The environment now has a price
The business of the environment is a hard subject to avoid at present, and it is becoming increasingly important for the Gulf in general and the UAE in particular.
Regulatory changes mean that the environment now has a price, and as a result the carbon market is booming worldwide – it is already estimated to be worth $30 billion (Dh110bn). The Climate Change Road Map decided on in Bali at the end of 2007 will almost certainly apply to all countries in the world, including the GCC markets.
There are very obvious financial implications surrounding the tackling of environmental issues, involving not only the costs but also the profits to be made out of this new and growing market. The environment now has a price. ‘Sustainability’ and how it is tackled is firmly embedded in the business strategies of multinationals. Government regulation is ensuring that changes are made. Failure to ignore regulatory changes or acknowledge new opportunities reveals a lack of executive foresight, and could even be construed as neglect of responsibility to produce long-term sustainable returns for shareholders.
Investment banking studies have shown that a company which adopts and communicates responsible business practices is more likely to attract investors, gain cheaper access to capital, improve brand recognition and become an employer of choice. In addition, there are the new revenue streams and markets, as well as substantial cost savings to be gained through promoting energy efficiency.
It is increasingly recognised that sound management of sustainability issues is a key indicator of a good management team, and that sustainable principles enforce trust, which adds a substantial amount of value to a brand.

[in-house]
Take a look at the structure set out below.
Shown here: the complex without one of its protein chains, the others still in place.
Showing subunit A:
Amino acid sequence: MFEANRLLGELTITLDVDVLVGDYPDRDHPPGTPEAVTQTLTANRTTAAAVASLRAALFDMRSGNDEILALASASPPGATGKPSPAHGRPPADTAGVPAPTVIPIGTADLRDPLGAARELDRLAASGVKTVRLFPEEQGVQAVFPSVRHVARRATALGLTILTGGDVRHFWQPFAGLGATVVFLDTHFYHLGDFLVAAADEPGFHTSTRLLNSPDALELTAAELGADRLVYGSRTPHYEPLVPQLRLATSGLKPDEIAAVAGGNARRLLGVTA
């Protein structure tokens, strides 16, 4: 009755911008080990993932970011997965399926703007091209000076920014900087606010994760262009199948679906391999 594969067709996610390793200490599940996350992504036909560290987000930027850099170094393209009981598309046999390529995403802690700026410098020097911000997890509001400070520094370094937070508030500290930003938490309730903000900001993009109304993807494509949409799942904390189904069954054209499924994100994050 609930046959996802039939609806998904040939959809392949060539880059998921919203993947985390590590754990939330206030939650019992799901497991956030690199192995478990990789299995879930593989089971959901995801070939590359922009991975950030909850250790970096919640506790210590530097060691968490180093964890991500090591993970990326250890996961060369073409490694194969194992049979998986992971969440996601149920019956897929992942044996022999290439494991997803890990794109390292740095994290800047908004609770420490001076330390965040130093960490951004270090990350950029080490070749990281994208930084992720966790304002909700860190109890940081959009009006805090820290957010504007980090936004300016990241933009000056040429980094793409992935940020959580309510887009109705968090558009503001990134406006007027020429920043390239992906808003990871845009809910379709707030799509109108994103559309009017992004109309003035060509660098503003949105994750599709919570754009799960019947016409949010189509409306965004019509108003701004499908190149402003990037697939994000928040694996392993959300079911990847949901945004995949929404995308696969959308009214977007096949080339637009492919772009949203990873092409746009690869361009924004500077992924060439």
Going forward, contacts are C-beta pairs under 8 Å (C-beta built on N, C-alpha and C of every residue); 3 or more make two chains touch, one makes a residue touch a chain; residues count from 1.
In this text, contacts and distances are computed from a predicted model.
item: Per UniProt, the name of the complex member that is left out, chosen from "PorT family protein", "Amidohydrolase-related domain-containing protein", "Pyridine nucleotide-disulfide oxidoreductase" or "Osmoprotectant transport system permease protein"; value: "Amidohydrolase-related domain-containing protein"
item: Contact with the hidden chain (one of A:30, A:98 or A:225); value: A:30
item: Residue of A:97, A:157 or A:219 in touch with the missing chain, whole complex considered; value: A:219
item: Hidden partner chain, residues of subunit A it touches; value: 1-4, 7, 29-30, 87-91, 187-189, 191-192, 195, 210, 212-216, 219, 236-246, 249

As Dubai forges its way as a major global commercial and financial centre, it is vital that sustainability is included in the blueprint for the emirate’s development. Rapid development and natural climate conditions mean that there is the potential for the country to generate high levels of emissions, and have water and waste management problems. But companies also have the chance to ensure they are helping Dubai develop in sustainability, as well as a global centre for transparency and best practice in business.
Regulatory initiatives have already been put in place, particularly relating to construction, including the formation of the Emirates Green Building Council, the certification of the first Platinum Leed building in Dubai and Dubai World’s rules on green building. The creation of the Masdar Initiative in Abu Dhabi also shows innovation in the UAE when developing new revenue streams through clean technologies and carbon management techniques.
Dubai’s ambition to increase standards of corporate governance and transparency should also apply to sustainability issues. This also allows the communication of goals achieved and goals being targeted, to ensure success can be measured.
While environmental NGOs may criticise for lack of action, companies may also be left vulnerable to criticism from climate change sceptics, but what cannot be debated is that it is now an investment issue and potentially represents a very lucrative market.
Failure to acknowledge this may cost companies, the region and the global economy dear. Sir Nicholas Stern, author of the Review on the Economics of Climate Change in 2006, predicted that doing nothing about climate change would shrink the global economy by 20 per cent.
(The author is a sustainability consultant with Capital MS&L)
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